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Agricultural insurance has become increasingly important to farmers' livelihood and production in rural China. Yet despite the enormous governmental subsidizing efforts…
Agricultural insurance has become increasingly important to farmers' livelihood and production in rural China. Yet despite the enormous governmental subsidizing efforts, the insurance participation rate remains below expectations. This study revisits the linkage between farmers' risk attitudes and crop insurance utilization by providing a cross-cutting perspective such that the role of risk aversion is re-scrutinized in Chinese “kindred” village economies.
The authors administrated a lottery-based multiple price list (MPL) experiment by recruiting rice farmers from 12 villages in Sichuan province in southwestern China. Using the experimental data, farmers' risk attitudes are assessed and coefficients of risk aversion are estimated within the rank-dependent expected utility (RDEU) framework by maximizing a structured likelihood function.
This study provides substantiating evidence that rice farmers in southwestern China exhibit relatively high risk aversion. The authors also provide suggestive evidence of the positive relationship between farmers' risk aversion and crop insurance utilization. In addition, findings reveal that kinship network has a negative effect on crop insurance utilization, such that farmers who are connected in higher degree of kinship network have lower likelihood of crop insurance utilization, which suggests that kinship network may be substitute for formal crop insurance. Result also demonstrates that the incentive effect of risk aversion on farmers' crop insurance participation manifests differently depending on the degree of kinship network in rural China.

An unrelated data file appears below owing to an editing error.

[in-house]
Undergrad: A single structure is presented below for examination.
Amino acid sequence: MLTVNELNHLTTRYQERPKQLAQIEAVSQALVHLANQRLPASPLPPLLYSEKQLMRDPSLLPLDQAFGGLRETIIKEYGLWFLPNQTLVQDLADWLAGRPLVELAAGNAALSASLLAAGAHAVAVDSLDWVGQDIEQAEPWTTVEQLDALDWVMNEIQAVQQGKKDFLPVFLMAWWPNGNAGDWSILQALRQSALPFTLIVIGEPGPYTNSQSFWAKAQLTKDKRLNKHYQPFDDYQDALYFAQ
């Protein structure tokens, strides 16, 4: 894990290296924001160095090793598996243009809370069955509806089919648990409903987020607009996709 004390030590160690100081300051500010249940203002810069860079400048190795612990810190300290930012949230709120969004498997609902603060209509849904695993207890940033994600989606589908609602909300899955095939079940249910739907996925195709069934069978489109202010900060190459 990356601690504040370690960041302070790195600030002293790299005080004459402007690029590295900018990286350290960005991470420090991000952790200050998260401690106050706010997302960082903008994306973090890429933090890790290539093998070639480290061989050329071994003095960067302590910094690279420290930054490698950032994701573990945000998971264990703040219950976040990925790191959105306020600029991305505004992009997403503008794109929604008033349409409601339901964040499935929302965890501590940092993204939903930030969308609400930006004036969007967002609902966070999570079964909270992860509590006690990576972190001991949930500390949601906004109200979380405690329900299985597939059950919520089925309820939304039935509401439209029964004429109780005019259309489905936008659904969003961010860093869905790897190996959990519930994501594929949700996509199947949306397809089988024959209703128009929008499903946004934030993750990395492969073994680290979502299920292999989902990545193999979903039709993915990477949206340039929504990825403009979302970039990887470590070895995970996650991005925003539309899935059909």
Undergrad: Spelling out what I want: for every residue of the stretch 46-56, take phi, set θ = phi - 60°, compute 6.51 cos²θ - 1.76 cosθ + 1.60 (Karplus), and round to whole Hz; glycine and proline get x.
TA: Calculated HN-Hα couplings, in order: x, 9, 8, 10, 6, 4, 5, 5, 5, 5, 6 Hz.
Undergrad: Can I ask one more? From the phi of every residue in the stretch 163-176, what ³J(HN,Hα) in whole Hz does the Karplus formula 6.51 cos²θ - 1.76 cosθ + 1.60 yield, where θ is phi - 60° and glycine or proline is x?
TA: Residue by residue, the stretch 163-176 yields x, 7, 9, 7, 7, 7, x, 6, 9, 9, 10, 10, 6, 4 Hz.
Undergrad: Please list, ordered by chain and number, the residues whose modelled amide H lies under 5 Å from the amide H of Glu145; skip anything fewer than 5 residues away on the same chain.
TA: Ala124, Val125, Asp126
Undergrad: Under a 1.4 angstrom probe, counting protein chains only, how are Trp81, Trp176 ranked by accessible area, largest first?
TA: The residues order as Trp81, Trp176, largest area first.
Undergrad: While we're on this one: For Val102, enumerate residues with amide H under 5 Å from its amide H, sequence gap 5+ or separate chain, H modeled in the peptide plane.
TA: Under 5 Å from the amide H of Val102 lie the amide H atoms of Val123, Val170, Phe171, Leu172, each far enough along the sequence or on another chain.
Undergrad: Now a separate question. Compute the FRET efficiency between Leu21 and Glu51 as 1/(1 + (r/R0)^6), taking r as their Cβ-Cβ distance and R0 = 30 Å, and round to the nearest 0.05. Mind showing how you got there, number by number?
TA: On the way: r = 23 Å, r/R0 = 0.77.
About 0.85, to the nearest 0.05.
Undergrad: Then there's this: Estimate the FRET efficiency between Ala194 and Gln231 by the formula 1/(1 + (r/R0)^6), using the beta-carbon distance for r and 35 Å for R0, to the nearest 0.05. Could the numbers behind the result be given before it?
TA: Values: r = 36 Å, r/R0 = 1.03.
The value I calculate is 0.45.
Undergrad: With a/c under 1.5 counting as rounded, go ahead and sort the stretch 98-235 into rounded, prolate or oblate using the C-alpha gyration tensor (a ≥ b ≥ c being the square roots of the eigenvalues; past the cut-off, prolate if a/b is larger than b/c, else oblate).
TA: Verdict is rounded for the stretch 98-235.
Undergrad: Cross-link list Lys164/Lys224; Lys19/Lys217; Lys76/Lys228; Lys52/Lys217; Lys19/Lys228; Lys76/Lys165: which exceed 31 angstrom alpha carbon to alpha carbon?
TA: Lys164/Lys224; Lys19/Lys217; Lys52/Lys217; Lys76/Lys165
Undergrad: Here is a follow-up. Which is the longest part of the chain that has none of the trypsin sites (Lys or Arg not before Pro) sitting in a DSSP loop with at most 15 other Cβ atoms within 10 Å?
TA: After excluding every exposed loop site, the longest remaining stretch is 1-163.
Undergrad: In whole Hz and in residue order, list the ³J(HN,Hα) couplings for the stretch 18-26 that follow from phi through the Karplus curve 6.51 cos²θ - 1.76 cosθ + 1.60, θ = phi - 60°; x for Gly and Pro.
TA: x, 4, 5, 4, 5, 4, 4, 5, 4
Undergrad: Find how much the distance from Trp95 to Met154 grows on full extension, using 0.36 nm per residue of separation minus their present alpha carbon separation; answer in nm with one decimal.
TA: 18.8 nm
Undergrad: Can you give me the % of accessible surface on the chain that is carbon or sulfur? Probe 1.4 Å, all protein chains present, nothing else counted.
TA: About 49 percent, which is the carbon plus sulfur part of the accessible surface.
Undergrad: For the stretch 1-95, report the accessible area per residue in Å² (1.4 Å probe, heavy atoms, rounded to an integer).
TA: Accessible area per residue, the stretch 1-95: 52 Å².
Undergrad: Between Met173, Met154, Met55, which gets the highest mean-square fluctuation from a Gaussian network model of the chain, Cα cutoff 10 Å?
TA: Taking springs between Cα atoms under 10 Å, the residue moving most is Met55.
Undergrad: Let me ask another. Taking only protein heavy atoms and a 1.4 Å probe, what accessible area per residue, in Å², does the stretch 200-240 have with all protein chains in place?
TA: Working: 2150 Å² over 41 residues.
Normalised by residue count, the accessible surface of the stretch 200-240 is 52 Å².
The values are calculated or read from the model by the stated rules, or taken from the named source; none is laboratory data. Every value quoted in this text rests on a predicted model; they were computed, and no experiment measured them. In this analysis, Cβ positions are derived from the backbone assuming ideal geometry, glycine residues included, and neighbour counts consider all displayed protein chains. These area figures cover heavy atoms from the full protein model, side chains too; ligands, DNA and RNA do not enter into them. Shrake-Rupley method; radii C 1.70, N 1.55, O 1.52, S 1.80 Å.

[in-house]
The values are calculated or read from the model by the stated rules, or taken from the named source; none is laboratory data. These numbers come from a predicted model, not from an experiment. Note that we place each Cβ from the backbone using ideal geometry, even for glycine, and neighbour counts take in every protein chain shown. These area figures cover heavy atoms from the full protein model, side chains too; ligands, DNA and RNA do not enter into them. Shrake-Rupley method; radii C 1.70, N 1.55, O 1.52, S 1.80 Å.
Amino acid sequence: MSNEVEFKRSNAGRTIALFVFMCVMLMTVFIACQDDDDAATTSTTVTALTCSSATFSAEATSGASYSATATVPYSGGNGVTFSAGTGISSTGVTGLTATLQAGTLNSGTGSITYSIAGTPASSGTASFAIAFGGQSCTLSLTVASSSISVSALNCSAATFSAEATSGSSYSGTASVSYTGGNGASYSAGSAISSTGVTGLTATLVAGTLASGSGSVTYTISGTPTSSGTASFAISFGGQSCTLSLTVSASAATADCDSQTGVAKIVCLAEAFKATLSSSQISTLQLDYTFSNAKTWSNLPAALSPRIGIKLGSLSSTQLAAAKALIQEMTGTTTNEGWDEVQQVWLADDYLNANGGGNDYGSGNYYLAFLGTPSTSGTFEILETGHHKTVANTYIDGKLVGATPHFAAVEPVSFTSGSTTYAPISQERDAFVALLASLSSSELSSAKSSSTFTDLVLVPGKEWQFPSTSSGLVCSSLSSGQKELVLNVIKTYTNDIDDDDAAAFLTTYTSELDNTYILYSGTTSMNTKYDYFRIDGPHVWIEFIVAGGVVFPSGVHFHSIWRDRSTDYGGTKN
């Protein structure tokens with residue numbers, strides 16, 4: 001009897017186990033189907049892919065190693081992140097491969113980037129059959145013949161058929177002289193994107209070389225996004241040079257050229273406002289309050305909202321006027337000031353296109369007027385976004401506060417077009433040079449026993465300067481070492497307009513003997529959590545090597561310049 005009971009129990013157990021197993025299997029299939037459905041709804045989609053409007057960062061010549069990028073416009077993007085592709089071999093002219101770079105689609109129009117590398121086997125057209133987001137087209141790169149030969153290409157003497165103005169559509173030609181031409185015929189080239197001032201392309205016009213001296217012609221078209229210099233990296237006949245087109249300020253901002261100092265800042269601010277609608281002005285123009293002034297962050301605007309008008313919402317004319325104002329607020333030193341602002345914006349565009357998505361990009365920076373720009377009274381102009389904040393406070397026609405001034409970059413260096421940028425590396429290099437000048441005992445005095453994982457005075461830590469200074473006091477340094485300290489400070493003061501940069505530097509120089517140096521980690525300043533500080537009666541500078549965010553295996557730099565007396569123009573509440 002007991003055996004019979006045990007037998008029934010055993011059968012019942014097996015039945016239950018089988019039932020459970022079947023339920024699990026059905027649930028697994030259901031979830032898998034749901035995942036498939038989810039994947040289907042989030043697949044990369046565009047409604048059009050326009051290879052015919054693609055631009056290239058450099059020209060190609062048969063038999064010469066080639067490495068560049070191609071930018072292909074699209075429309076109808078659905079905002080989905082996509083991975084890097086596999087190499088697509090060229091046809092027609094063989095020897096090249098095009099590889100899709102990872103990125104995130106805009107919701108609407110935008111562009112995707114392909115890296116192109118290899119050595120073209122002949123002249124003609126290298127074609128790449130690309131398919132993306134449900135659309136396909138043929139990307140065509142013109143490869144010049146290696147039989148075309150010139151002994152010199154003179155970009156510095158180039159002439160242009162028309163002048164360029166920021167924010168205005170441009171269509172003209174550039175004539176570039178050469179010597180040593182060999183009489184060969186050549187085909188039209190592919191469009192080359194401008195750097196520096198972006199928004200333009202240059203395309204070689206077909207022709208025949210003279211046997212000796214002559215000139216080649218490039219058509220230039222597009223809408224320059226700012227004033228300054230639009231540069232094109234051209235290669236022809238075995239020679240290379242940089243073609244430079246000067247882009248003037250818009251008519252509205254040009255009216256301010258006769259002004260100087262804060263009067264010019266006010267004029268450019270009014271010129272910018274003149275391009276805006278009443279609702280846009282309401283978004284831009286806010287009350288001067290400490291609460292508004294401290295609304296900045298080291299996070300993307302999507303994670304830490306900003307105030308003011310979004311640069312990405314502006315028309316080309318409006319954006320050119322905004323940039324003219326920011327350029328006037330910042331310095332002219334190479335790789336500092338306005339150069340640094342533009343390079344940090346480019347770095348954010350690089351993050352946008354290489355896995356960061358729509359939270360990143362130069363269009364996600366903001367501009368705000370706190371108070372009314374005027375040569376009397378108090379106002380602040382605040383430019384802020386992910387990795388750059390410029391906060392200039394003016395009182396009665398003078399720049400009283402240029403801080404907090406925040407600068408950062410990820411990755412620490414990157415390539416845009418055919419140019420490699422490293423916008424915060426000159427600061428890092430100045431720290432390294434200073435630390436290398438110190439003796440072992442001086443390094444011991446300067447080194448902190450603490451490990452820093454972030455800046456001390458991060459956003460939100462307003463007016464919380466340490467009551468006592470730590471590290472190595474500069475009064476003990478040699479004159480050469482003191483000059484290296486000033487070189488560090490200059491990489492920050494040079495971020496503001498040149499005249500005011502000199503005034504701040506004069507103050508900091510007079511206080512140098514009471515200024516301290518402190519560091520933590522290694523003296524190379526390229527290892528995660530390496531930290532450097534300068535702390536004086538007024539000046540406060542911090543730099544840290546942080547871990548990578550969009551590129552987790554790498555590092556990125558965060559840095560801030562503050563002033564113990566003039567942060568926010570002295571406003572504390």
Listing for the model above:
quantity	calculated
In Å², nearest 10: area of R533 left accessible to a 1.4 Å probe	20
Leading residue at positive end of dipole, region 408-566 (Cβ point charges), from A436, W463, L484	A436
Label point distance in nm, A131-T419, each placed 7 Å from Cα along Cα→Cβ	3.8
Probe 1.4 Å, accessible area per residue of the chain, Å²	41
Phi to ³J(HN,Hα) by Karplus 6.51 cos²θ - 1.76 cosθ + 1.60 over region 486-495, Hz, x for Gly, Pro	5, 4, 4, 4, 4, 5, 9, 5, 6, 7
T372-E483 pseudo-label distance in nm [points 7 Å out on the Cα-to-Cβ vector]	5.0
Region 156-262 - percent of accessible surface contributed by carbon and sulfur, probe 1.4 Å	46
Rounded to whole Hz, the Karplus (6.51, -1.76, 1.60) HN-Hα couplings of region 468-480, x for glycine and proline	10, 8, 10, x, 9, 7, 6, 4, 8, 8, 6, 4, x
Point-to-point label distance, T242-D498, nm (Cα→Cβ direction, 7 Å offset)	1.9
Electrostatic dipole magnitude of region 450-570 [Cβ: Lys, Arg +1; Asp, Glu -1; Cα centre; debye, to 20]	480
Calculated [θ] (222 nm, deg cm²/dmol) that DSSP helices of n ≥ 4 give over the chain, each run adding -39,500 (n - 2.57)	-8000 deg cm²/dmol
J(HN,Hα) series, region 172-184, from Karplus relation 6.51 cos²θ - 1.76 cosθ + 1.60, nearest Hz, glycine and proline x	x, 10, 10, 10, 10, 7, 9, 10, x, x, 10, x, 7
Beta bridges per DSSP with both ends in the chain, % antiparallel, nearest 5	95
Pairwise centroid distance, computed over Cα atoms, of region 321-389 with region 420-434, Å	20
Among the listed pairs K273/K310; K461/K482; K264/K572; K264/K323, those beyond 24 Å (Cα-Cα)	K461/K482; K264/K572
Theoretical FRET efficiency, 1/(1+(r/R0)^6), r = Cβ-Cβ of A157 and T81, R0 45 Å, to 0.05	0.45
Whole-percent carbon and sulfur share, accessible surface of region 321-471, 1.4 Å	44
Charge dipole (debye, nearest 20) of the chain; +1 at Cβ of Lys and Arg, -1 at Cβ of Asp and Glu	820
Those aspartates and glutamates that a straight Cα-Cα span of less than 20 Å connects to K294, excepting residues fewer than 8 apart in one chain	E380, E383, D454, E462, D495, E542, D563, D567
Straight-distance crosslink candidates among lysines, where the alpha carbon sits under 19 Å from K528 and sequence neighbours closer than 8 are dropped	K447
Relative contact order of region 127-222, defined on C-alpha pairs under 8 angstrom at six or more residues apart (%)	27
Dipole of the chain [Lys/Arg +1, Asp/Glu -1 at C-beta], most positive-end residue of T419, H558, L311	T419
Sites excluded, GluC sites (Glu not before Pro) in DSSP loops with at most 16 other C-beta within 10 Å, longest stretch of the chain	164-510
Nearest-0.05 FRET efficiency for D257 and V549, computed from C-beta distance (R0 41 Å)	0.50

This study provides a cross-cutting perspective by scrutinizing the effects of farmers' risk attitudes and kinship network on crop insurance participation in rural China, which has received relatively little attention in the literature. Conclusions on the effects of risk aversion on crop insurance participation have been mixed in previous studies. In addition, to the best of our knowledge, little has been done to explicitly examine the influence of social proximity and networks on farmers' insurance uptake. This study attempts to fill both gaps. This study provides new insights which might shed lights on the understanding of farmers' crop insurance participation in rural China.